The opinion of the court was delivered by: HAROLD H. GREENE
On September 15, 1986 president Reagan issued Executive Order 12564
which requires federal agencies to develop and implement plans to attain a drug-free workplace, in part by the use of compulsory drug testing. Pursuant to this order, the Department of Health and Human Services developed its "Drug-Free Workplace Plan." The American Federation of Government Employees (AFGE) and the National Treasury Employees Union (NTEU) sought a preliminary injunction to enjoin the random testing of certain employees under this plan. The Court granted the motions in part and denied them in part with respect to certain employees. American Federation of Gov't Employees v. Sullivan, 744 F. Supp. 294 (D.D.C. 1990). This Court specifically upheld the testing of motor vehicle operators who carry passengers. Id. at 300.
The issue here is whether HHS may designate for random drug testing employees who are motor vehicle operators but who do not carry passengers. The two positions in question are Messenger/Motor Vehicle Operators, who act as couriers, and Mail Clerk/Motor Vehicle Operators who receive, sort, and deliver mail. The plaintiffs and the defendant have each moved for summary judgment.
The reasonableness of random drug testing is determined by "balancing the individual's privacy expectations against the Government's interests to determine whether it is impractical to require a warrant or some level of individualized suspicion in the particular context." National Treasury Employees Union v. Von Raab, 489 U.S. 656, 665-66, 103 L. Ed. 2d 685, 109 S. Ct. 1384 (1988).
In National Treasury Employees Union v. Yeutter, 287 App. D.C. 28, 918 F.2d 968 (D.C. Cir. 1990), the court upheld random testing of motor vehicle operators who carry passengers, but who do not have access to any classified information, noting the government's strong safety interest in "testing [Food and Nutrition Service] drivers who are responsible for the safety of their passengers -- however many in number," and concluding that this interest outweighed the individual's interest in privacy. Id. at 972. The Court also noted, however, that "it is not obvious to us that the government could show a special need, unrelated to law enforcement, to test drivers who do not carry passengers . . . ." Id.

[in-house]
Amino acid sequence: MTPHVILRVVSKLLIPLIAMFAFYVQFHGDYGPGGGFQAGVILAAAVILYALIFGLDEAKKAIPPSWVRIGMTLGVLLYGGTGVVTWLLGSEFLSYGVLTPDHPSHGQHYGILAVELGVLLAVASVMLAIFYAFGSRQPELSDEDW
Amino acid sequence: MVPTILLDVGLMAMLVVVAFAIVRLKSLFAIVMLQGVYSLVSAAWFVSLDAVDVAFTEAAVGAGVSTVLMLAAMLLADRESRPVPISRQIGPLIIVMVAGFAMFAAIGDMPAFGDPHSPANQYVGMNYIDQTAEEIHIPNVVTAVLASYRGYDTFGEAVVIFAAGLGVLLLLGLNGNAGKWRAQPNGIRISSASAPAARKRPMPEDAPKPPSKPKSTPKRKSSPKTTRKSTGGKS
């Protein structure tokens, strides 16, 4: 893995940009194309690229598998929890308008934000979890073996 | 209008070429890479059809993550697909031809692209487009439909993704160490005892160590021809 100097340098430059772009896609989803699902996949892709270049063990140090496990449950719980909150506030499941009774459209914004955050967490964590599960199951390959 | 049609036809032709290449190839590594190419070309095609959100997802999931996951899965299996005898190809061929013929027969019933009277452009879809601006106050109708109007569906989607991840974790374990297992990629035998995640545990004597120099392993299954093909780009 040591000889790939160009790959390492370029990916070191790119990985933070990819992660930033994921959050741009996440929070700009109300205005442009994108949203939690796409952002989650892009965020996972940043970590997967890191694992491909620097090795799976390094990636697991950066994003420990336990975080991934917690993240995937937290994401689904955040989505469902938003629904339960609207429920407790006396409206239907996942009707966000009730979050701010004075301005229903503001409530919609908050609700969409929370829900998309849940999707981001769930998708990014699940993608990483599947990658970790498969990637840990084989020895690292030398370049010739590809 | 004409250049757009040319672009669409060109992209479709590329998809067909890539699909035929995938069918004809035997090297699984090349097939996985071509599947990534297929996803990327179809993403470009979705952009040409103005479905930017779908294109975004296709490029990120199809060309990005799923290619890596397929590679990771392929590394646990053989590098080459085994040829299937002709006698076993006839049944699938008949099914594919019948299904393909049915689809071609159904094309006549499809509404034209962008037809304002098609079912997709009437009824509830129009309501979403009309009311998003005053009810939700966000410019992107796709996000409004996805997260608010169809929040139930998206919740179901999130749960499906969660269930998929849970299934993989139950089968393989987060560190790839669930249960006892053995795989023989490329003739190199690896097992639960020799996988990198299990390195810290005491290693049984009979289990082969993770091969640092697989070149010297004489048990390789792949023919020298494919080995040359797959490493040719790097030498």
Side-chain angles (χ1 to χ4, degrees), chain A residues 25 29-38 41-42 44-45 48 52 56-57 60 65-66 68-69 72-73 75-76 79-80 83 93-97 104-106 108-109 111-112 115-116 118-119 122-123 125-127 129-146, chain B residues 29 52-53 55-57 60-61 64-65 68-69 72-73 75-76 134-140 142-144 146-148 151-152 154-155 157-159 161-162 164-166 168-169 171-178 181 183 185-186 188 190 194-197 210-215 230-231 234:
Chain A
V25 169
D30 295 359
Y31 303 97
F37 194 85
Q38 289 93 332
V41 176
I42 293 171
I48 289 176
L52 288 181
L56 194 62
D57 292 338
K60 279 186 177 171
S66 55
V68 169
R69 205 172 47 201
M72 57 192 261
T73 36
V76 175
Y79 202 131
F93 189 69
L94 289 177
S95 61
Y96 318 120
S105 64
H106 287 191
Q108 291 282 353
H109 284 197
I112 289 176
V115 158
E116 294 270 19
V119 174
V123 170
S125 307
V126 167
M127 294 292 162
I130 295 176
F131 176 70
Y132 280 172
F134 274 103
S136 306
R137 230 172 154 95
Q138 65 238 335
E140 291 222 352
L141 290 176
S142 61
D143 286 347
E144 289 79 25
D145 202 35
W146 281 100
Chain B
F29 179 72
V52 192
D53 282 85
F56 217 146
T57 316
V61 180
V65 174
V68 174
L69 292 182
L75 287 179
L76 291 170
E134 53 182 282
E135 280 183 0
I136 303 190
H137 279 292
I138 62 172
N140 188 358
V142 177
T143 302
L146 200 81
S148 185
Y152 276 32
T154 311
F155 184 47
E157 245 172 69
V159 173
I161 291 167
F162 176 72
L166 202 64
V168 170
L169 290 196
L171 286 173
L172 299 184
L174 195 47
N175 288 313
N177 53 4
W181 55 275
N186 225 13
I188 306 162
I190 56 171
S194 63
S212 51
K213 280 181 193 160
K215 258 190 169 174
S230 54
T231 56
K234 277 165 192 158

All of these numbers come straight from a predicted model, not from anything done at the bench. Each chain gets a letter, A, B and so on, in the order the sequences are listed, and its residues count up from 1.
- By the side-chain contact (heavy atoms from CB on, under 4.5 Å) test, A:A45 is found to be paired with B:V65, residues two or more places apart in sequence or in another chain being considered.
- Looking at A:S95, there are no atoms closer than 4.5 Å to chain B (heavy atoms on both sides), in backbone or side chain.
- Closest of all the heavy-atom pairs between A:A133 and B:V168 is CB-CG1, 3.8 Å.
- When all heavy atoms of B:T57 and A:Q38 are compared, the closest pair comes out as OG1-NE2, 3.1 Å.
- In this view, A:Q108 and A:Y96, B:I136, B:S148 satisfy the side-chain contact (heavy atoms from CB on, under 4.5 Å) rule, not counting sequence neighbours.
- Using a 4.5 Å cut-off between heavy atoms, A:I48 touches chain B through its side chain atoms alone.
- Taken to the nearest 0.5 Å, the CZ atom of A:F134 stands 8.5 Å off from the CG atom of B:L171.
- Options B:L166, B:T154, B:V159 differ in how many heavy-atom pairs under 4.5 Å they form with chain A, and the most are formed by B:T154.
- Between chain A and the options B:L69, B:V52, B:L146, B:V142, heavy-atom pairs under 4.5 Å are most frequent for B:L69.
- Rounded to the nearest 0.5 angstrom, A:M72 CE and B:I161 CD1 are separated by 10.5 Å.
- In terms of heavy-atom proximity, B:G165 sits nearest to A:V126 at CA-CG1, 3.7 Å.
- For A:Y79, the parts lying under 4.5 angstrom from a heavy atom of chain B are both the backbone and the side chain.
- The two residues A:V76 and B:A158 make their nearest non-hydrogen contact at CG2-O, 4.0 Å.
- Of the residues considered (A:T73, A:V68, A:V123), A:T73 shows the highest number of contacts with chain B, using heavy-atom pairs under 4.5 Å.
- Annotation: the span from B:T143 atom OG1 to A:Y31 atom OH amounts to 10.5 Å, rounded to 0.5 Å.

As noted, the reasonableness of drug testing turns on balancing the government's interest against the individual's privacy expectation. The employees at issue here do not carry passengers and do not have access to classified information. Therefore, neither the national security concerns articulated in Skinner nor the passenger safety rationale of Yeutter is applicable. The government's interest here is the safety risk that an impaired government driver might pose to other drivers on the road. While not insubstantial, this is obviously no different than the interest the public and the government have in keeping any potentially impaired driver off the road. If this is a sufficient "special government need" to permit warrantless searches under Von Raab, 489 U.S. at 665, then the federal government could proceed to test any and all drivers on the road.
The intrusion into an individual's expectation of privacy is obvious and substantial:
An employee selected for random testing must proceed to a designated private site or a restroom stall in the company of a collection site monitor. Upon entering the restroom, the employee must remove any unnecessary outer garments that might conceal items or substances that could be used to tamper with the specimen. The employee must then wash his or her hands before urinating and remain in the restroom or collection site throughout the collection process. . .The collection site monitor then remains close by, listens to the urination, and notes any "unusual behavior" while the employee is urinating. The employee is instructed not to flush the toilet until the urine specimen is turned over to the collection site person.
Bangert v. Hodel, 705 F. Supp. 643, 646 (D.D.C. 1989) (summarizing Department of Health and Human Services guidelines). If there are problems with the specimen, an individual may be required to urinate under the direct visual observation of the monitor. Id.
In the view of this Court, the individual's expectation of privacy and his rights under the Fourth Amendment to the Constitution outweigh the government's legitimate interests here, and accordingly it would be unreasonable and hence unconstitutional to subject these motor vehicle operators to random drug testing.
An Order consistent with this Memorandum is issued contemporaneously herewith.
United States District ...